Pharm. Care Mgmt. Ass'n
v.
Tufte

UNITED STATES DISTRICT COURT FOR THE DISTRICT OF NORTH DAKOTASep 5, 2018
Case No.: 1:17-cv-141 (D.N.D. Sep. 5, 2018)

Case No.: 1:17-cv-141

09-05-2018

PHARMACEUTICAL CARE MANAGEMENT ASSOCIATION, Plaintiff, v. MYLYNN TUFTE, in her official capacity as the State Health Officer of North Dakota; MARK J. HARDY, in his official capacity as the Executive Director of the North Dakota Board of Pharmacy; FRAN GRONBERG, in her official capacity as the President of the North Dakota Board of Pharmacy; and WAYNE STENEHJEM, in his official capacity as the Attorney General of North Dakota, Defendants.


ORDER GRANTING IN PART AND DENYING IN PART THE PARTIES' CROSS MOTIONS FOR SUMMARY JUDGMENT

Before the Court are cross motions for summary judgment. The Plaintiff, Pharmaceutical Care Management Association ("PCMA") filed its motion for summary judgment on January 19, 2018. See Docket No. 33. The Defendants, Mylynn Tufte, Mark Hardy, Fran Gronberg, and Wayne Stenehjem, in their official capacities (collectively "North Dakota"), filed a response in opposition and a cross-motion for summary judgment on March 9, 2018. See Docket Nos. 38 and 39. PCMA filed a response on April 9, 2018. See Docket No. 40. North Dakota filed a reply on April 23, 2018. See Docket No. 42. With the Court's permission, PCMA filed supplemental authority on July 9, 2018. See Docket No. 44. North Dakota filed a response to PCMA's supplemental authority on July 20, 2018. See Docket No. 50. In light of recent case law, both parties also filed supplemental briefing on July 20, 2018. See Docket Nos. 48 and 49. For the reasons set forth below, the Court grants, in part, each motion for summary judgment and denies, in part, each motion for summary judgment.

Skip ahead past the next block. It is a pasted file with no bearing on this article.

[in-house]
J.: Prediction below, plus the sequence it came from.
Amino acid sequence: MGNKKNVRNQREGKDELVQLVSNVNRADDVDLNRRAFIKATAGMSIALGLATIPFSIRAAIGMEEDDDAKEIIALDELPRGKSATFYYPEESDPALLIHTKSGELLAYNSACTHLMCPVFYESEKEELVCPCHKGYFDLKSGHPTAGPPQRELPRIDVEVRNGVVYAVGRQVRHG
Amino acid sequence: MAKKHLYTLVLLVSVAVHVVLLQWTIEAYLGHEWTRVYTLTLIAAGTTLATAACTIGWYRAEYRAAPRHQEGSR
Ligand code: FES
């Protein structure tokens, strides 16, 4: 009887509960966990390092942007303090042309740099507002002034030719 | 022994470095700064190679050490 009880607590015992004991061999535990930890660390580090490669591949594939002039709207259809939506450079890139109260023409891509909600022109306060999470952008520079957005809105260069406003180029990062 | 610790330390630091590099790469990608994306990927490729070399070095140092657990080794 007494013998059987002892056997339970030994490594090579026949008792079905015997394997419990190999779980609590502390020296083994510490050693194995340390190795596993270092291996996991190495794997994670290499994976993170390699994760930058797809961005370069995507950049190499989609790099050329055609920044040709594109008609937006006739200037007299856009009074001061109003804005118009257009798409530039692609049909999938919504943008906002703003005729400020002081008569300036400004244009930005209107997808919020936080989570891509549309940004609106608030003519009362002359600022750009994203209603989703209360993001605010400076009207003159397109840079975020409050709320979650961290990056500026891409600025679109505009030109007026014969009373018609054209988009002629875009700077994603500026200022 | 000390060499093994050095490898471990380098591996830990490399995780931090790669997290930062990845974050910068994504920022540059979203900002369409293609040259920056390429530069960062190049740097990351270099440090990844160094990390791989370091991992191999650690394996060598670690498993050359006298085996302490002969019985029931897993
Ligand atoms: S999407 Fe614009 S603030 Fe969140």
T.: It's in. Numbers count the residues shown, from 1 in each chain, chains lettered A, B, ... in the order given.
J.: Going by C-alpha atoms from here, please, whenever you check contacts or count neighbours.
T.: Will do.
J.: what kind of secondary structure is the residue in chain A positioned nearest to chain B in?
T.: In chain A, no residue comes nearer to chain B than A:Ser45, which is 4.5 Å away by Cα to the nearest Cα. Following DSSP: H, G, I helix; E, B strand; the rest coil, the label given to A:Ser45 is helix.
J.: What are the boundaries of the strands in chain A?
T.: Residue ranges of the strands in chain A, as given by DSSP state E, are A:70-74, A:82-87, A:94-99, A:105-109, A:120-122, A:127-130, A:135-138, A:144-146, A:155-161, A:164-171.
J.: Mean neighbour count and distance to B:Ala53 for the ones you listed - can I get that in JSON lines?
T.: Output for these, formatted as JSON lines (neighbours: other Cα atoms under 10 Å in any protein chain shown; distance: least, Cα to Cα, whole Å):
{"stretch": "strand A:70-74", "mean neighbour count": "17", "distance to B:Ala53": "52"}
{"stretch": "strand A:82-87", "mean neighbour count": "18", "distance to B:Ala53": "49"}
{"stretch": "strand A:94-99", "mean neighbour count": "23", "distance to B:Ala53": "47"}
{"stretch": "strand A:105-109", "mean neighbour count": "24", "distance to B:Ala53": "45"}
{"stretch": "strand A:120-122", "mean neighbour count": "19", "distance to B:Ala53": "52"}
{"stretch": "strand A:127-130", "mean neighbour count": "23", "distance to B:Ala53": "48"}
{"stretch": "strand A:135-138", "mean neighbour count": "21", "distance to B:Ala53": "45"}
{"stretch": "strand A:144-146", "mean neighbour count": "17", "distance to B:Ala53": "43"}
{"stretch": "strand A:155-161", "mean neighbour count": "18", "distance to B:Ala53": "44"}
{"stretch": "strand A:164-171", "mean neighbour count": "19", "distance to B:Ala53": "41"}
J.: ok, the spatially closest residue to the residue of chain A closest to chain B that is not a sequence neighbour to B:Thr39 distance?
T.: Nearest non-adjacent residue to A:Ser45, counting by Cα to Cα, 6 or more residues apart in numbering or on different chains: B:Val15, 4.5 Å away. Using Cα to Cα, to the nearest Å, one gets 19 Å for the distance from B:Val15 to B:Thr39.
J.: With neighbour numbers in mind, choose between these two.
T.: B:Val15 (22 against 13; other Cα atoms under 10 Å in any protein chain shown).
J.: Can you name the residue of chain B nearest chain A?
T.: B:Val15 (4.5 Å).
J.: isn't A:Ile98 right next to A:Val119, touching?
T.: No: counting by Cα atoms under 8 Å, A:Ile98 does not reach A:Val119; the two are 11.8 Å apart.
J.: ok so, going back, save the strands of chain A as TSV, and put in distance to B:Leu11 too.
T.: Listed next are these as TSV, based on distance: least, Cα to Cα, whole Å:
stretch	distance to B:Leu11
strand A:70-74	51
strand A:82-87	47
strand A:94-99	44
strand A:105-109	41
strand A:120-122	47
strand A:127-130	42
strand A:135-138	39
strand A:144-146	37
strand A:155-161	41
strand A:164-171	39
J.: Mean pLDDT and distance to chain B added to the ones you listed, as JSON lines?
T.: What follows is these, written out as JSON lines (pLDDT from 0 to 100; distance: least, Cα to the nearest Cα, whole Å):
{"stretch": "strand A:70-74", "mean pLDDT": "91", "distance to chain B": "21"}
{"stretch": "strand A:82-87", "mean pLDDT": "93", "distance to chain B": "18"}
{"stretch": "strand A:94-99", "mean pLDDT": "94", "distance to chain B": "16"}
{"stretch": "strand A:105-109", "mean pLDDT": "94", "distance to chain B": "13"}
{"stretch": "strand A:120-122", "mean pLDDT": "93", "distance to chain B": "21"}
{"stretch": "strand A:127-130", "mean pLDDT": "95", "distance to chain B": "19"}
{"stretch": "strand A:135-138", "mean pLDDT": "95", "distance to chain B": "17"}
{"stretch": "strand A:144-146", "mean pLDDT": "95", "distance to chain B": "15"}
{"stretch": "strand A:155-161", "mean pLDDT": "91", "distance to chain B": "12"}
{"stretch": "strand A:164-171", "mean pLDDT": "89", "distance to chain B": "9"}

I. BACKGROUND

PCMA is a national trade association representing pharmacy benefit managers ("PBMs"), with its principal place of business in Washington, D.C. See Docket No. 1. PBMs are third-party health plan administrators that manage and administer prescription drug benefits on behalf of health insurance plans. See Docket No. 10-3, p. 3. PBMs negotiate prescription drug prices with drug manufacturers and pharmacies, create networks of pharmacies to fill prescriptions, and process and pay insurance claims. See Docket No. 1, p. 4. When an insured patient fills a prescription, the pharmacy generally contacts a PBM to obtain insurance coverage and copayment information. See Docket No. 39-2, p. 6. After the pharmacy fills the prescription, the PBM reimburses the pharmacy based on a rate set out in a contract between the PBM and the pharmacy. See Docket No. 1, p. 6. The PBM then bills the health insurance plan at a rate negotiated between the PBM and the health insurance plan. See Docket No. 39-2, p. 6. In sum, PBMs are intermediaries between patients' and health insurance plans' demand for prescription drugs and manufacturers' and pharmacies' supply of prescription drugs.